This week marks the anniversary of the election that incorporated the Town of Fountain Hills as a municipality. Citizens went to the polls on Dec. 5, 1989 and voted to become an independent community.
The third time was the charm in the attempt to incorporate, with earlier votes in 1985 and 1988 going down to defeat.
Cassie Hansen, who was relatively new to town at that time, is credited with the campaign slogan that got the attention of voters, “Control Your Fate, Incorporate.”
John Cutillo, who participated in all three efforts, chaired the winning campaign committee and went on to become the town’s first mayor, said he remembers the incentive.
“At the time we were paying $2 million to Maricopa County and we were getting hardly anything for that,” Cutillo said. “There was little in the way of police protection or street maintenance.”
He also noted that any permits needed for building or business had to be obtained from county offices 30 miles away in Phoenix.
“The idea of our own hometown, locally governed by our neighbors, was important to many,” current Mayor Ginny Dickey said. “It gave us a better opportunity to be part of the type of community we would be in the future…being developed with sensitivity to the existing terrain and views, and providing amenities, services and public safety that were desired by the residents.”
After the vote confirmed the incorporation one of the first duties was selecting the Town Council that would be responsible for getting things off the ground. Jim Bruner, at the time the Maricopa County Supervisor for the district, interviewed and selected the interim council members. They included Cutillo, Harry Barber, Joe Bill, Charlie Fox, Dick Haugen, Marti Lemieux and Mike Minarsich. They were sworn in on Jan. 5, 1990.
They found there were many challenges when starting with a clean slate.
Organizing a new municipality had a lot of unanticipated challenges, according to Hansen, who was the town’s first clerk, a job she held for about 13 years. She later served two terms on the Town Council.
“[Organizing a new town included] things we take for granted like getting office space, establishing telephone service and other operational services, establishing a bank account, getting insurance and staff,” Hansen said. “All things you have to do when starting a business, only more so because there are an abundance of statutory requirements to satisfy, including initial town ordinances and resolutions to adopt and operations functions that need to be put in place.”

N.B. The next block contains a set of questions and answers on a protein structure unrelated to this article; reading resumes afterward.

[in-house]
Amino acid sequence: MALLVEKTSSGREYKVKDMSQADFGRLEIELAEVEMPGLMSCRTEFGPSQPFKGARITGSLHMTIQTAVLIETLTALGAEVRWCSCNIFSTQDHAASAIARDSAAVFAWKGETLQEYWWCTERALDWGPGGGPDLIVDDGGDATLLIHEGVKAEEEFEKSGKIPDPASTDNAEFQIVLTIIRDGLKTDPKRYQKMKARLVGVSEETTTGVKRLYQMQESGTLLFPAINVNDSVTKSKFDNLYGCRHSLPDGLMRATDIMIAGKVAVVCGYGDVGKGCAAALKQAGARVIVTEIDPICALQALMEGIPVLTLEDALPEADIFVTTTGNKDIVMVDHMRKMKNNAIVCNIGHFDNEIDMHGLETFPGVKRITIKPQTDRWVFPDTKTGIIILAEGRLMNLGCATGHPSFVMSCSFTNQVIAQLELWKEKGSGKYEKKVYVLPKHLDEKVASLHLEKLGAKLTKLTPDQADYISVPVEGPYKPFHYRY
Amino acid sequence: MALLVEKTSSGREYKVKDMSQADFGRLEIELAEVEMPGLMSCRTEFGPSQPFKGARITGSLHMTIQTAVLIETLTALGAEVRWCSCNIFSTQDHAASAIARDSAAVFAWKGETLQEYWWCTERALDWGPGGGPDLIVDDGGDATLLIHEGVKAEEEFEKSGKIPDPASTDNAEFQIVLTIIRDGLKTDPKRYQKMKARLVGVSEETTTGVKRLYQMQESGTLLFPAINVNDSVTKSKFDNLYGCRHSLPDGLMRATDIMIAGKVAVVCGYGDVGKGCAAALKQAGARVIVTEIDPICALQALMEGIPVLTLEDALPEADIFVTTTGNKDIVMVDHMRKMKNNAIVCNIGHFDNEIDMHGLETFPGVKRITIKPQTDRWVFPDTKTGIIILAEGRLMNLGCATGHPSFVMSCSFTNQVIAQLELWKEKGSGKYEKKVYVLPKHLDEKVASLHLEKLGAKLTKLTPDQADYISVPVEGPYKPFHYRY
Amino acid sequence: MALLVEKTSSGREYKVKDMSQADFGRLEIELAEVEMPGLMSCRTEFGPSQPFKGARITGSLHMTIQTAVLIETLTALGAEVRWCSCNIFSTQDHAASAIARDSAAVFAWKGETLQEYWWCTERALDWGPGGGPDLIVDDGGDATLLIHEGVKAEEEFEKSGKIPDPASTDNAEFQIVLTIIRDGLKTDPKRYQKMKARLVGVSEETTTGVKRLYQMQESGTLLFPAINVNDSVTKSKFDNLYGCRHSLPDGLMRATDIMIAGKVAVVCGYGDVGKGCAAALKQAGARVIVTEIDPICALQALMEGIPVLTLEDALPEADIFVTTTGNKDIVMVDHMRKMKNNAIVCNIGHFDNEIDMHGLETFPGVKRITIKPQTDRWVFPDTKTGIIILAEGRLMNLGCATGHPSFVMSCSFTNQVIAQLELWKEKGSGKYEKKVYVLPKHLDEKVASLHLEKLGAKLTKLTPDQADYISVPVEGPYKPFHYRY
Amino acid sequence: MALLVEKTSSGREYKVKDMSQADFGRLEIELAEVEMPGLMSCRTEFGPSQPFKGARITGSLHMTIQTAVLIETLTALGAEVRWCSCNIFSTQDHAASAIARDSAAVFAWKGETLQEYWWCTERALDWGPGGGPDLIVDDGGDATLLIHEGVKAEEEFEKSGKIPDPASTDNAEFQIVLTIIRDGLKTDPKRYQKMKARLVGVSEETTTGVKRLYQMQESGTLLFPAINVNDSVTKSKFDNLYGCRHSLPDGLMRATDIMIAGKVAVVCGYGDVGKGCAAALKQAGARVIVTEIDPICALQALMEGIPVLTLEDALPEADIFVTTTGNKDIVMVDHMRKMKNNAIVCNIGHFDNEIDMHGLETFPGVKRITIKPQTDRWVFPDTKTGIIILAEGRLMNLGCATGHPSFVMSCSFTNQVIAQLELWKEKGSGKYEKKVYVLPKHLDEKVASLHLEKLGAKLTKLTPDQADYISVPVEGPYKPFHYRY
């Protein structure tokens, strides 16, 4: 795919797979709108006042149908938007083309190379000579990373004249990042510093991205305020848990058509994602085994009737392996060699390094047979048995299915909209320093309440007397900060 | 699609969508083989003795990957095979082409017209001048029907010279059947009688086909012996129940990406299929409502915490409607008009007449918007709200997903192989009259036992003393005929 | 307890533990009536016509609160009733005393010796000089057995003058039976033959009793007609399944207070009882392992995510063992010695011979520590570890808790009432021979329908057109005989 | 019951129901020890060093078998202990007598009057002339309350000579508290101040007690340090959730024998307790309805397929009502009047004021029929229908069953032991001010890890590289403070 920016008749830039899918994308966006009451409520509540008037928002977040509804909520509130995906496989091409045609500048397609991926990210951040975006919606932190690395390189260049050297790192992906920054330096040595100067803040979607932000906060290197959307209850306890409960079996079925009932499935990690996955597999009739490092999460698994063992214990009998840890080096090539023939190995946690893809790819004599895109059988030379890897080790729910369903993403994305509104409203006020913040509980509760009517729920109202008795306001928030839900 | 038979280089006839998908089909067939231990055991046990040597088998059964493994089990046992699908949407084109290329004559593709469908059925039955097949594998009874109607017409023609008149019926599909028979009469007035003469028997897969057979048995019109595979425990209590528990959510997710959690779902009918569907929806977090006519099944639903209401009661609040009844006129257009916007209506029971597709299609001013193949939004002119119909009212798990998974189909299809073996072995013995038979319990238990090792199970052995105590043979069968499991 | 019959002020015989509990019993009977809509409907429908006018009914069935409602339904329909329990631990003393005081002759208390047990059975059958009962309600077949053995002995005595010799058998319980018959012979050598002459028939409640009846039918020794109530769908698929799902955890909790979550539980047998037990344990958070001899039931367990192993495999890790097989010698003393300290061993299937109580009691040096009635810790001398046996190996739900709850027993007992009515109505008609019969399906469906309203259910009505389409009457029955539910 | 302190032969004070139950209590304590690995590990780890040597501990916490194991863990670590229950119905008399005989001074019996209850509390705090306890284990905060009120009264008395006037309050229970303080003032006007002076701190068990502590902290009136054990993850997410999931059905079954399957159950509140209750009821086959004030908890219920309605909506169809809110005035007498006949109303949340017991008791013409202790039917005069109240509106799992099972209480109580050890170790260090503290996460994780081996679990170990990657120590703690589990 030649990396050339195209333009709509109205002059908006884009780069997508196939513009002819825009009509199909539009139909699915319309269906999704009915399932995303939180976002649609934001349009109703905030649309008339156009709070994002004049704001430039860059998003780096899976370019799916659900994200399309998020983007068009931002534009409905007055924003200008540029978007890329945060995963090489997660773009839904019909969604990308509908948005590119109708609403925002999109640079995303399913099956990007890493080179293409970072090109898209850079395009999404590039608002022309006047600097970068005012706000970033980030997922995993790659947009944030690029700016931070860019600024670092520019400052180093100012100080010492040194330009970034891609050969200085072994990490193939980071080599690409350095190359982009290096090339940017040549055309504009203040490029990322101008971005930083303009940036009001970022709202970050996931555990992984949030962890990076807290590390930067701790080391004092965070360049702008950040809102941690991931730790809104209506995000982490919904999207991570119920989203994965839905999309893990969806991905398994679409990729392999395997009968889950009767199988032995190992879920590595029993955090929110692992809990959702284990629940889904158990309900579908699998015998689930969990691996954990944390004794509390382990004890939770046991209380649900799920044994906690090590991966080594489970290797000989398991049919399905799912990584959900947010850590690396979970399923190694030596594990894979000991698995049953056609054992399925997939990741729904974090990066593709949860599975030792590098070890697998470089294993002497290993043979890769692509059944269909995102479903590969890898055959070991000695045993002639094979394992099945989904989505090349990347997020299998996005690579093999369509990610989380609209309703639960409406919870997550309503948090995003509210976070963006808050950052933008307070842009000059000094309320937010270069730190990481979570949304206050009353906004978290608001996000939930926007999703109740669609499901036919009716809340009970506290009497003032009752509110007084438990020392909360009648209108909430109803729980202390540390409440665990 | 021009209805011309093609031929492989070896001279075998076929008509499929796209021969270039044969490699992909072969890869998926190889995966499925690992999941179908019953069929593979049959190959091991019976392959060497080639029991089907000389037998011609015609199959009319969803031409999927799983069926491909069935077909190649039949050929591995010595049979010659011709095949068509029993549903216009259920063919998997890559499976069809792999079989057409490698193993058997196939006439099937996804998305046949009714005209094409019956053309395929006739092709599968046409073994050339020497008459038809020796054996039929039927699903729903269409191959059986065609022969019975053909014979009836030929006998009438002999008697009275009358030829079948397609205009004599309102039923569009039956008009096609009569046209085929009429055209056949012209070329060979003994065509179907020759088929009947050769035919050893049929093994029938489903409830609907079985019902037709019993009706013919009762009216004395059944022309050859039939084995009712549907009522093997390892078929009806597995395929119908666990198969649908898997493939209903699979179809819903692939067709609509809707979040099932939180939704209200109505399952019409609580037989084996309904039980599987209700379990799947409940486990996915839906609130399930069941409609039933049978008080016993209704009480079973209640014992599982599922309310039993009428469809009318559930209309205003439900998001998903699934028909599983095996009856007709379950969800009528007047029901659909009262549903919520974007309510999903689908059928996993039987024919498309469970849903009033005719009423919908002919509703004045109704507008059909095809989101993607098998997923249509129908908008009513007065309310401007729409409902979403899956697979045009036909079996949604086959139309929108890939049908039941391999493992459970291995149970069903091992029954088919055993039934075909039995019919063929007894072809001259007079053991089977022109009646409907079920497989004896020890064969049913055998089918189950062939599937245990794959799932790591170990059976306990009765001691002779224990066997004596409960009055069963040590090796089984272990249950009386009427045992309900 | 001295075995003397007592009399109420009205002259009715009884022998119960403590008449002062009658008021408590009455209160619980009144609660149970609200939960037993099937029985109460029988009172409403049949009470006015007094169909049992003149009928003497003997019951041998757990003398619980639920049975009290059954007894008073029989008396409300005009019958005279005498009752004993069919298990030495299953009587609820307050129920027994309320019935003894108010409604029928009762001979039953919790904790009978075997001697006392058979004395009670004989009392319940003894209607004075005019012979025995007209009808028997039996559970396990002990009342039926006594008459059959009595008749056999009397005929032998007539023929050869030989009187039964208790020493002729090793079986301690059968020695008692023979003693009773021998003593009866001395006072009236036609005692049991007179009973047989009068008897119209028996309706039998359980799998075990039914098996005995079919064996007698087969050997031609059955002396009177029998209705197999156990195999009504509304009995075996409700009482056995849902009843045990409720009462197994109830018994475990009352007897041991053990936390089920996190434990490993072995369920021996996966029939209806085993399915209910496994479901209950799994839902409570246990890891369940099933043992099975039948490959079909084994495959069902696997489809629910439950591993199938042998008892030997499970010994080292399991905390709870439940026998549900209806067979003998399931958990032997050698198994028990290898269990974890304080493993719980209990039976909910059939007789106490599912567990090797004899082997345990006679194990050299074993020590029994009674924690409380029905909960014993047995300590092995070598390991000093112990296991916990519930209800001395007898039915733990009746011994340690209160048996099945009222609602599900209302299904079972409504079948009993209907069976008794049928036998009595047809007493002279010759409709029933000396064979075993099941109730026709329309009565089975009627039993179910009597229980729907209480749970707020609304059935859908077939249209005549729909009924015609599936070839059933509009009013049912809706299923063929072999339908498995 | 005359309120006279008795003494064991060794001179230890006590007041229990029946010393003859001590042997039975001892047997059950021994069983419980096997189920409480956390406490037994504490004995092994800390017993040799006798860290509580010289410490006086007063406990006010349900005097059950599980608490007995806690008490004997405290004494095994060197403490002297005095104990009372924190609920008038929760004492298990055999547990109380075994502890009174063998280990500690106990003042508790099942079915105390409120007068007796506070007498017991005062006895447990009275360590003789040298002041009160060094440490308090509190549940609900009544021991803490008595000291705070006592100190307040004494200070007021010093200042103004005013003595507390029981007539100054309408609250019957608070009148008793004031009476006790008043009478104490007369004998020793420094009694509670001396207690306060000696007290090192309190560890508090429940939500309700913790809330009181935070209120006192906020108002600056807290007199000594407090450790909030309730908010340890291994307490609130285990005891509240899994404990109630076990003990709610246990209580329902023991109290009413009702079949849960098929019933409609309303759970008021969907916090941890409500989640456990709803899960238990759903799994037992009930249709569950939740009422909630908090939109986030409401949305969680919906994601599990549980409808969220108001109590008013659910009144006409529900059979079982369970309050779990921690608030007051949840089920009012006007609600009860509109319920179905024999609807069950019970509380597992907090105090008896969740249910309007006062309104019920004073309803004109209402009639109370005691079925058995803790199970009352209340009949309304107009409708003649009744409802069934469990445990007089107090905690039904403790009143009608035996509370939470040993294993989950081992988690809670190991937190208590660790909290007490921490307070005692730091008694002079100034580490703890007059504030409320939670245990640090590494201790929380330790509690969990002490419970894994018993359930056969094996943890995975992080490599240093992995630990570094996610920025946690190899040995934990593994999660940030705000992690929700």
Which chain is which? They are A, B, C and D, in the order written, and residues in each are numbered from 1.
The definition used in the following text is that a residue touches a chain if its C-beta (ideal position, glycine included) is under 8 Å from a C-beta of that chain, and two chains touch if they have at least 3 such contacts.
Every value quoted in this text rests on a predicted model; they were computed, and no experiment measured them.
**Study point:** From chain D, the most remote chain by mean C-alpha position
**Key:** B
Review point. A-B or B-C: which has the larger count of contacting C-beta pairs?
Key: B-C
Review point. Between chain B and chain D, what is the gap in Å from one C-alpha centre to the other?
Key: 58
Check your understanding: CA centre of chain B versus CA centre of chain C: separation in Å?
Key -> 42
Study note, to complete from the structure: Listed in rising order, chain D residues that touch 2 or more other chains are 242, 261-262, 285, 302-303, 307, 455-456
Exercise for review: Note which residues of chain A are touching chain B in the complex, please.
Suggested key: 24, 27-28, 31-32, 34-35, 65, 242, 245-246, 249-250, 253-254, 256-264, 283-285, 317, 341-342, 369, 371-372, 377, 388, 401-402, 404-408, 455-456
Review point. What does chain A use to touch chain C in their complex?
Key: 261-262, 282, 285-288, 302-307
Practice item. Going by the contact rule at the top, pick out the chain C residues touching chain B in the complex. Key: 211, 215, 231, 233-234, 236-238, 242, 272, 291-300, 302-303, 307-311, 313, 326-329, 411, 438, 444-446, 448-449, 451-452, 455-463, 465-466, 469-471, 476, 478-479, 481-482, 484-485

Cutillo said they were also starting with no money.
“We had to borrow,” he said. “One of our first real endeavors was addressing roads. We came up with a plan and got it done.”
The Road Districts, which were dysfunctional for a lot of reasons, provided some of the impetus for getting voters on board to support incorporation.
Citizens also came aboard to help out with the organizing efforts. Some 18 committees were established to work on everything from ordinances to finding quarters for offices. Hansen recalls much of the early work being done at her kitchen table with the assistance of interim Town Manager Mike McNulty.
“One of my first tasks after being appointed to [the council] was to lead the effort to identify our first town manager,” Joe Bill said. “I felt that I had a very lucky day when Paul Nordin presented himself as a candidate.”
An election had to be organized and held in May for the first elected Town Council. They were sworn in June 7, 1990 and included Cutillo, Charlie Fox, Wally Hudson, Mike Minarsich, Peg Tibbets, Frank Clark and Dr. Bill O’Brien.
Nordin, who came from Benson, Ariz., was hired in June and the town began its first day as a municipality on July 2, 1990.
The timing of incorporation was somewhat serendipitous. The 1990 Census showed Fountain Hills with approximately 10,000 residents. First reports had the number at 9,848, however Census records for 1990 have the town at 10,030.
Over the next decade the town grew to 20,235 residents and was one of the fastest growing communities in the nation during the 1990s. During that first year of the decade construction began on the shopping plaza were Safeway is located. Walgreen’s was the other anchor tenant at that time, with the store since moving. Mayo Clinic broke ground on phase 2 of its Shea Blvd. campus, just over the hill in Scottsdale, and discussions began for a bond to fund the high school campus.
Rena Creta and her husband, Ken, came to Fountain Hills in 1980. She is the sister of Mayor Ginny Dickey. Creta said she thinks Fountain Hills has accomplished a lot in the 30 years since incorporation, including the approval and building of the high school.
“High schoolers were no longer required to be bussed to Scottsdale [or Mesa],” Creta said. “We created the parks and added playgrounds; roads were built where gravel was the only way to some homes, beautiful homes were built and stores were added or expanded.
“Who would have thought there would be more than one actual stop light?”
Hansen said things really got rolling through that first decade.
“Much has been done in the past 30 years, but the first 10 marked the most significant landmark achievements,” Hansen said. “It was a phenomenal time to be part of the town’s development and one I will never forget or regret.”
Like many people, Cutillo moved here from elsewhere, in his case New England, to become a part of the foundation of Fountain Hills.
“I’m glad we made the move here,” Cutillo said. “I’m glad to have served the community, and think the town is doing well.”